(3) SMALL STEPS APPROACH. Sid Garza Hillman in his book Approaching the Natural, presents a philosophy on holistic health. He theorizes a successful approach of our most natural state will come in the form of very small steps. He argues it is impossible to return to our 100% natural state, just as it is impossible to go a season without a lost plant or impossible to be a “perfect” musician. A recent study conducted by Bob Duke and Lani Hamilton at the University of Texas at Austin demonstrated musicians perceptions of their own mistakes don’t change as they mature in ability or age. Pre-proffessionals and professionals alike heard the same number of mistakes in their playing despite a disparity in capability. As musicians mature they don’t eradicate mistakes, they continue to become aware of the ways they can improve. Musicians must take the smallest steps possible in the approach of quality playing, and increase their awareness gradually along the way. So as Hillman encourages his clients to choose one seemingly effortless task a week to add into the routine until automaticity, I encourage students and parents to set sights on a very small opportunity for skill development. The week long correction of a rough pinky finger is a HUGE accomplishment, even though it feels minuscule at takes only a tiny dose of intense concentration once per day. Most important is to acknowledge small steps as the way the journey to mastery must proceed. There are no shortcuts, patient waiting is necessary. I try to get across to parents in pre-education, private conferences, and practice charts that we are looking for very small changes on a path toward long term skill building. Twinkle, I always say, is going to take at least one year of your life. Our Suzuki method is designed for small steps. And every member of the triangle, parent, student, and teacher, must be ready to take small steps, patiently.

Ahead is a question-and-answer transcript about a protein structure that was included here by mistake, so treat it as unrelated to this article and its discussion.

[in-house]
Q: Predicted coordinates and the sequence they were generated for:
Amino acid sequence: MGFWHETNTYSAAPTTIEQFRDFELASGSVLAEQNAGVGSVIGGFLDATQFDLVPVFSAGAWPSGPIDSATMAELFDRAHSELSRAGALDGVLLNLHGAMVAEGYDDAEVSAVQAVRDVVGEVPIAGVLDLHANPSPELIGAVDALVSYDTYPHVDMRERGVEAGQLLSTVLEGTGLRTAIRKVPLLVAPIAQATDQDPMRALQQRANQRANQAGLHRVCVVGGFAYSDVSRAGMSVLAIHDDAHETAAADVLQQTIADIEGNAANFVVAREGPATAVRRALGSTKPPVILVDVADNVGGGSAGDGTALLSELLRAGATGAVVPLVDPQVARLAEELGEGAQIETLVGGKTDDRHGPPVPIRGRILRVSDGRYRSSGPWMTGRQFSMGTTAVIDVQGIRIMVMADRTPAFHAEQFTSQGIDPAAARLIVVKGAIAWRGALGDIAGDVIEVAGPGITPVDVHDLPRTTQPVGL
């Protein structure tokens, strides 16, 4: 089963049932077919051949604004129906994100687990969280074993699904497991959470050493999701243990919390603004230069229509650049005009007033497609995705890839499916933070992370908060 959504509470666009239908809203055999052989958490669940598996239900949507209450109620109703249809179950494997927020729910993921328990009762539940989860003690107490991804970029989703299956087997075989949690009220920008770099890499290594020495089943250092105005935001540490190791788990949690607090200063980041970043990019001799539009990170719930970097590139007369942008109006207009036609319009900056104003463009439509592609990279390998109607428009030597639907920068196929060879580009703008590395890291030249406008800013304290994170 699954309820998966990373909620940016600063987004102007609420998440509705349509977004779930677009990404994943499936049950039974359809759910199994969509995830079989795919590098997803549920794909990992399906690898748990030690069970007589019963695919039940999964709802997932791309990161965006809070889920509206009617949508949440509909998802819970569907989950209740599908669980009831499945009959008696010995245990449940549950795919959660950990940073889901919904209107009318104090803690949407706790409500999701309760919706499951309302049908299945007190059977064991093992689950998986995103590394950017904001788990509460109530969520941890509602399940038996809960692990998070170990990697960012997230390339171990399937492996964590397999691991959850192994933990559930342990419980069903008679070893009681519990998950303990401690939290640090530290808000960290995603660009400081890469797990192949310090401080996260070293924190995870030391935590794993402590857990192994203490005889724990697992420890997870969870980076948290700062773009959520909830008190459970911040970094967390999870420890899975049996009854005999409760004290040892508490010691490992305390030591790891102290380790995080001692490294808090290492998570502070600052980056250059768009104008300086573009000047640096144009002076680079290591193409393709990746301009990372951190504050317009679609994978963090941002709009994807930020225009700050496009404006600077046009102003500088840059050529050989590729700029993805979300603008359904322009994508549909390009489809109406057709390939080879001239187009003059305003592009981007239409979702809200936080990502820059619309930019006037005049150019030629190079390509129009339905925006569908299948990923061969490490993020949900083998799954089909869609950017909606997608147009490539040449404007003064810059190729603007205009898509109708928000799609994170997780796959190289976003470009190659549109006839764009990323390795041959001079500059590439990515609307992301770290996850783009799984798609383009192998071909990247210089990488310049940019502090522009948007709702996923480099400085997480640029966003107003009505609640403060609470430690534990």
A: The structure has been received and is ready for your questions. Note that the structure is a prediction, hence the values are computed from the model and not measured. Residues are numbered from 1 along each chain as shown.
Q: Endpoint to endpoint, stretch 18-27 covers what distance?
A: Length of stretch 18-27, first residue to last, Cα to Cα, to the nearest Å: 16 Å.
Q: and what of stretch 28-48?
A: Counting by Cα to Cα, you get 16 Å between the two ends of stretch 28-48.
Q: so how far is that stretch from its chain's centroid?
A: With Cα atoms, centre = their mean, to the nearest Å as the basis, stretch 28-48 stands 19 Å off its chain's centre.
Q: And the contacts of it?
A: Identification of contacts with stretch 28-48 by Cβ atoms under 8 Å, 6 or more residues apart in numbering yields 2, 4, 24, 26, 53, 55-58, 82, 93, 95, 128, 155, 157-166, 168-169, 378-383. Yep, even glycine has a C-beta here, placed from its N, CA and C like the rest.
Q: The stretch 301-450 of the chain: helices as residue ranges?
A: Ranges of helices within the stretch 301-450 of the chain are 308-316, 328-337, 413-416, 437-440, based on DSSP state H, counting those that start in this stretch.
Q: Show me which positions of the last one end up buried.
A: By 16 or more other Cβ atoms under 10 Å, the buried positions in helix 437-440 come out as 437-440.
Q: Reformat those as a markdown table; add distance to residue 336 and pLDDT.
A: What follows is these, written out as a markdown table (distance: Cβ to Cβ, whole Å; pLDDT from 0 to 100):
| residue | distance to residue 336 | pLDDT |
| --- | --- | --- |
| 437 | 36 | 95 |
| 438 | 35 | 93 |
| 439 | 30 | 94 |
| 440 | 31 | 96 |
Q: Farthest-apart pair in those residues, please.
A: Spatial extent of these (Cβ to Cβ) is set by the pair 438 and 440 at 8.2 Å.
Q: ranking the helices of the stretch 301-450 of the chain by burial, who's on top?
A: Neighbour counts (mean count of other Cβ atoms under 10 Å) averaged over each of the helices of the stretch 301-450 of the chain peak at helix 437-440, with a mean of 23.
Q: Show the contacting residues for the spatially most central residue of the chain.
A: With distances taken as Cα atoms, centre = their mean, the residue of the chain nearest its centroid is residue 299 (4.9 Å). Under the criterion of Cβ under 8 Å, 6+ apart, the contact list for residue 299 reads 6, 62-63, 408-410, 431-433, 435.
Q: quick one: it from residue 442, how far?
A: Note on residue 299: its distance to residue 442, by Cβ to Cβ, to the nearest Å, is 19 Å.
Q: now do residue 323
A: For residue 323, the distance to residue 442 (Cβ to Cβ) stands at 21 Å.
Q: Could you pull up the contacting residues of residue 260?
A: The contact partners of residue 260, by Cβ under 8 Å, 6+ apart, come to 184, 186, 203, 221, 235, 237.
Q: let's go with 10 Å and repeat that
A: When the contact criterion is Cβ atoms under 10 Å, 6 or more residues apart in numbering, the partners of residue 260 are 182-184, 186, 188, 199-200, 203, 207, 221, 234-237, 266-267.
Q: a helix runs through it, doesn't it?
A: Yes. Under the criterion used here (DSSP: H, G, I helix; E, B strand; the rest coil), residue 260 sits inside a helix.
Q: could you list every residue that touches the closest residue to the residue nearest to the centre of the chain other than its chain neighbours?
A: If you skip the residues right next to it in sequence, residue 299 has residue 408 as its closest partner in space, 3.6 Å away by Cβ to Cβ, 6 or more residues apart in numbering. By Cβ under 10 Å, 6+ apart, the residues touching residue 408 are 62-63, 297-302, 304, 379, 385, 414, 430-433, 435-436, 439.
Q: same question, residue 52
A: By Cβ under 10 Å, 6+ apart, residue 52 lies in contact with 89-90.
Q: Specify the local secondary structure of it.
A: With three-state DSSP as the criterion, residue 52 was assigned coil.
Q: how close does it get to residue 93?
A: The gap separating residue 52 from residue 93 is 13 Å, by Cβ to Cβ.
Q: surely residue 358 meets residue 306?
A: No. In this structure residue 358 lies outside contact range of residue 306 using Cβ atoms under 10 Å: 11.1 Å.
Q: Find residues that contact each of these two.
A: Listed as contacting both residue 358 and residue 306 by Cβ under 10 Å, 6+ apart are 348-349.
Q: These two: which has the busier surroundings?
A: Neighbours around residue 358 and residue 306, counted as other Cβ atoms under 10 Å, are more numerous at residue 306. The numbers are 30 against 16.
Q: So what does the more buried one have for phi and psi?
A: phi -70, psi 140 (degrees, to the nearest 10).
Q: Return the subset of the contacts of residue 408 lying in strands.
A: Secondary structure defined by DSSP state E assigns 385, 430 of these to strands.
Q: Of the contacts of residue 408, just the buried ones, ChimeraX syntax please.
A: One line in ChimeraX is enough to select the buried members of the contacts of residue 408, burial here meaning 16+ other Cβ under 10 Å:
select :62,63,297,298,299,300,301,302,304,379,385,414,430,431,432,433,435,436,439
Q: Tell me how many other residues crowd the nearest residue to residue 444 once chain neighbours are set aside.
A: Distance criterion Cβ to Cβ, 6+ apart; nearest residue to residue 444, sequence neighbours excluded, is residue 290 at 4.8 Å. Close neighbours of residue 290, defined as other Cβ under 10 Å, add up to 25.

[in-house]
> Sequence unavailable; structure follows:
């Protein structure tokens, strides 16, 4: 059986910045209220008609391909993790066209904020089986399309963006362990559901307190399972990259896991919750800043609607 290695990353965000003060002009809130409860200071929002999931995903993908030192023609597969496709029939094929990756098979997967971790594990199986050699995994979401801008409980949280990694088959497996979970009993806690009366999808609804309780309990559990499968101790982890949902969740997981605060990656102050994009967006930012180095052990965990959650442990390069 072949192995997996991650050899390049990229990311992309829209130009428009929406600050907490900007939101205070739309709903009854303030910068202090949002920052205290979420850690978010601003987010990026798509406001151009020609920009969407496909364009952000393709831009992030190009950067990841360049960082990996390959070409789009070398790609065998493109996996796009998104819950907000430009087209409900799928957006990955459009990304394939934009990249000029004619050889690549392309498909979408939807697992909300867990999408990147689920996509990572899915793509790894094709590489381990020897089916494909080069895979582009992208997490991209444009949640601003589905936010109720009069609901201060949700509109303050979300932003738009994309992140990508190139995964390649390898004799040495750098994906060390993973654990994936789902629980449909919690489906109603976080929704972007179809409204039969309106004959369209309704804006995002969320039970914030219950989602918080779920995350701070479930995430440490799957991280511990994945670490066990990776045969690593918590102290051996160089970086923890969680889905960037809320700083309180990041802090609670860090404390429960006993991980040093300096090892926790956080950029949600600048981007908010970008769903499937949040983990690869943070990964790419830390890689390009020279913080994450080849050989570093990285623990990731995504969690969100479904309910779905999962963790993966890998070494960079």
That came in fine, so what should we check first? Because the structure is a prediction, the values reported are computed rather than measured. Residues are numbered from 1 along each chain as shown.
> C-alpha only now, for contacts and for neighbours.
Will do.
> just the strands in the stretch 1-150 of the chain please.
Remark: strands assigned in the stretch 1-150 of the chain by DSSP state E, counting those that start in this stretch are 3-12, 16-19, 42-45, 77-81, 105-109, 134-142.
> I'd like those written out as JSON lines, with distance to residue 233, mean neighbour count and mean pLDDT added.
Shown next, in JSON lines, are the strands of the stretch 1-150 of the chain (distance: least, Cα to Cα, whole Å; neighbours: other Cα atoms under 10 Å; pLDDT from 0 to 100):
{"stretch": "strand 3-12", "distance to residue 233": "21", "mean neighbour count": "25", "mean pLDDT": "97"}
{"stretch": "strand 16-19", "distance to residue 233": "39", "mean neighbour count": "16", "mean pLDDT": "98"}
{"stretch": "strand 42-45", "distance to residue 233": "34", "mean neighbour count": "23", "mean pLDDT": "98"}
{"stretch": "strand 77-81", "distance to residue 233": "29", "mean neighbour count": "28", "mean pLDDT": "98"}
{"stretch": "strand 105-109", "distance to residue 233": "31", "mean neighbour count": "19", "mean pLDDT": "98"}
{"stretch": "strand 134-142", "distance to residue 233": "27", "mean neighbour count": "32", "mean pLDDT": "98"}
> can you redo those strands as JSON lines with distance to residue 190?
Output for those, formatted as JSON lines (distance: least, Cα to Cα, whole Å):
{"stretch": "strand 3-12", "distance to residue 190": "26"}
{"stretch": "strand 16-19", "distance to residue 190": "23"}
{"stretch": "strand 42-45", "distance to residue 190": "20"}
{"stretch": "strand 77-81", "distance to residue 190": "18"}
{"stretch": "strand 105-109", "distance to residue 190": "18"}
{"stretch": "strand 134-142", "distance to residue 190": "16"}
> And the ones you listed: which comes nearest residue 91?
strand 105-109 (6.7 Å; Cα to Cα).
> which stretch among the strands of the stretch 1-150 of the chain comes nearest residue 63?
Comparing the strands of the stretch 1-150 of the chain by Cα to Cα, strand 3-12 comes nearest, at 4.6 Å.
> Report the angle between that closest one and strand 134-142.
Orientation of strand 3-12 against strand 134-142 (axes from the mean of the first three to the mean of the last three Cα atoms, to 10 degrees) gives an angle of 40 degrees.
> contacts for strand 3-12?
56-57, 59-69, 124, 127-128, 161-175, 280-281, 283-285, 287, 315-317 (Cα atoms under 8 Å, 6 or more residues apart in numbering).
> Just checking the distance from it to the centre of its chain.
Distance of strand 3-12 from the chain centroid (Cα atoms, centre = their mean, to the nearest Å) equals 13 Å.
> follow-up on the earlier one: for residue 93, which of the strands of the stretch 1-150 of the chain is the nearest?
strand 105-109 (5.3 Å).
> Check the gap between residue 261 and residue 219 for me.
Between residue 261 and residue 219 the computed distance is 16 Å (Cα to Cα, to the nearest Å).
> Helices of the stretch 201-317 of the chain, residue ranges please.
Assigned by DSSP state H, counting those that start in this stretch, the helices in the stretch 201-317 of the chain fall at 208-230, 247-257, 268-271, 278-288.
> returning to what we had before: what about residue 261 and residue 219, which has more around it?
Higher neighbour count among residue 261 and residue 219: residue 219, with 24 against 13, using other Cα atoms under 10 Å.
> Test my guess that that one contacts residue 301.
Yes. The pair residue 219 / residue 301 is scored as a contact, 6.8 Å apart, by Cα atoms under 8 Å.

Target small circles by taking small steps forward and defining success by practice itself. Through this process you will grow a beautiful garden in the form of a beautiful skilled human being, who bears the fruit of healthy labor each day of his or her life.